Annual Meeting - April 16, 1983|
President's Message (Arlene Woo)
Toxic Substances in our Lives
League in Action: Planning & Zoning Committee
Membership Introduced to National Security Study
Announcement: "Dialog" on KHET
Council Observers at Work (Dorothy Murdock)
State Convention Slated for June 4
Director Nominee Wanted (Barbara Farwell)
Vote Count Volunteers Needed
Corrections to Proposed 1983-84 Budget (Marian Heidel)
League in Action
Planning & Zoning Committee
With almost every one of its members working full time (for pay, that is!), the Planning and Zoning Committee has been doing the best it can with those of us who are unemployed, retired, or just don't know how to say "No".
Thanks to State League Action chair, Marion Saunders, we have been able to review what seems like hundreds of State bills on land use, planning, housing, and related subjects, a few of which we have tried to monitor through the legislative process.
Dee Dee Letts, a new Committee member, has consented to undertake a basic long-range study of Oahu's agricultural lands in relation to the economic difficulties of the sugar and pineapple industries. As the latter terminate the use of potentially many thousands of acres, what could and should be the best use of this land? The Committee felt that this was a basic planning problem which could be a major factor in the island's future development.
The Committee's main attention has remained on the City Council, old and now new, and the City's Department of General Planning and Land Utilization, as the long and complicated planning and zoning process unfolds. This has meant keeping up with several sets of public hearings at both the City Planning Commission and City Council levels.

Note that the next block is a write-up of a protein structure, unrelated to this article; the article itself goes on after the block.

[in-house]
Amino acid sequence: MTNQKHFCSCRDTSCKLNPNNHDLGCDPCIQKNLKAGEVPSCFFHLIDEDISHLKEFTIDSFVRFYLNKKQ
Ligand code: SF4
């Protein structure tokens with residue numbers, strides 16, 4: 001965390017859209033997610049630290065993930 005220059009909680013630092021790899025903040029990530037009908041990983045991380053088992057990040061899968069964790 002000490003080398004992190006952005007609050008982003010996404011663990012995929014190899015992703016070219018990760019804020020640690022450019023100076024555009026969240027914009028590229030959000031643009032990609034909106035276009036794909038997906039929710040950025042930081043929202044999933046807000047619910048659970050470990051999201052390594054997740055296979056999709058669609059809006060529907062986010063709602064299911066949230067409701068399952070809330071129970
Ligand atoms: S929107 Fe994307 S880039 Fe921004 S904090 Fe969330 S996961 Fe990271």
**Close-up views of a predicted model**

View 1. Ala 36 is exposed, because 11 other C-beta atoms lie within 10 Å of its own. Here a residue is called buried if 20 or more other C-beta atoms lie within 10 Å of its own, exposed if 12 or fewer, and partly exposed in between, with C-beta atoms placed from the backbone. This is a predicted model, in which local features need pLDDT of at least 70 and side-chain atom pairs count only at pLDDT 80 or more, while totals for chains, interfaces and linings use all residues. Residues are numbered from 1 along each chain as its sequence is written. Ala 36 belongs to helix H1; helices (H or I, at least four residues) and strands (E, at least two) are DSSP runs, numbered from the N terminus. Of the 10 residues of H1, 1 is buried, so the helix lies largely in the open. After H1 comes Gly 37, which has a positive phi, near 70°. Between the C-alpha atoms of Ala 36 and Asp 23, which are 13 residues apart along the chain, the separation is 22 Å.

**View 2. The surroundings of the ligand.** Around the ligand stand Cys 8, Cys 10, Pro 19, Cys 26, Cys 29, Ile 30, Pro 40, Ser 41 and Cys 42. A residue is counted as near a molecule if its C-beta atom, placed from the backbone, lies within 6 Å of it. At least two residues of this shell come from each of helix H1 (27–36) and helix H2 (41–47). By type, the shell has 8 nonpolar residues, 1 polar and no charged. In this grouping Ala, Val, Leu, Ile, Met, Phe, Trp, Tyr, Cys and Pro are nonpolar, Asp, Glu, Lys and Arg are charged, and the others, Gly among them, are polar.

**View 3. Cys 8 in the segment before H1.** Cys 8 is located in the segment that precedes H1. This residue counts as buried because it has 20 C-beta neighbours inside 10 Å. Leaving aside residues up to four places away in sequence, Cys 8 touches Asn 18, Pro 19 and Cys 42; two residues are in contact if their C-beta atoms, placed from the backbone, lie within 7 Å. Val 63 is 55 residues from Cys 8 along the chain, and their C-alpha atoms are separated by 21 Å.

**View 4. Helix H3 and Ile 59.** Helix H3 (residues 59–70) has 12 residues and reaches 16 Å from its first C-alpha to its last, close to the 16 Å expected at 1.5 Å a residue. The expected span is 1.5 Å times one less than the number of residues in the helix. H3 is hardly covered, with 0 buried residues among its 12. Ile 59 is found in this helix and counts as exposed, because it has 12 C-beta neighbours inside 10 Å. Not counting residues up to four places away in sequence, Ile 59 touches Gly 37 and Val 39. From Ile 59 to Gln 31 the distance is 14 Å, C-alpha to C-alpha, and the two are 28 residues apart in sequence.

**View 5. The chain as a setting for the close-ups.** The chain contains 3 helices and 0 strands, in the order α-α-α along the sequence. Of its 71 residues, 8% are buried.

On February 11, Helen Griffin, Dorothy Murdock and I met with new City Council Planning and Zoning Committee chair, Leigh-Wai Doo, to discuss three League concerns:
As a basis for the first item, the Committee had made a study of the Koolaupoko Development Plan to show the possible effects on Windward population growth if all the pending requests for DP amendments allowing additional development were granted. This analysis showed that already, even before the original DP for the area has been adopted, requests , have come in to urbanize five times as much land as the DP proposes to the year 2000. The projected population growth would already be twice that which is planned.
On the second point, League suggested that if the annual amendment review process, which now takes about a year and a half to complete, could not be shortened, a Charter change calling for a biennial rather than an annual DP review might be desirable. This would permit decisions on a package of revisions to have been made before a new set of requests has to be reviewed and processed. It would also, we hoped, permit the Department of General Planning to get its head above water long enough between Charter-mandated DP reviews to focus on longer-range planning issues.
Discussion of the third item had to be postponed because of Chairman Doo's required presence at another meeting. The Committee hopes to meet with him from time to time to discuss this and other problems as they come up.
Committee members continue to participate on various planning and zoning advisory committees and to work closely with such community groups as the Consumers' Housing Task Force and Hawaii's Thousand Friends. Our work on housing is handicapped by the absence, for several months, of Committee member and CHTF chair, Vi Gren, who is in San Salvador with husband Lee at the U.S. Embassy there.
The Committee continues to need additional members. We promise to put anyone who ventures to help on as much (or as little) interesting and productive work as you are willing to undertake.
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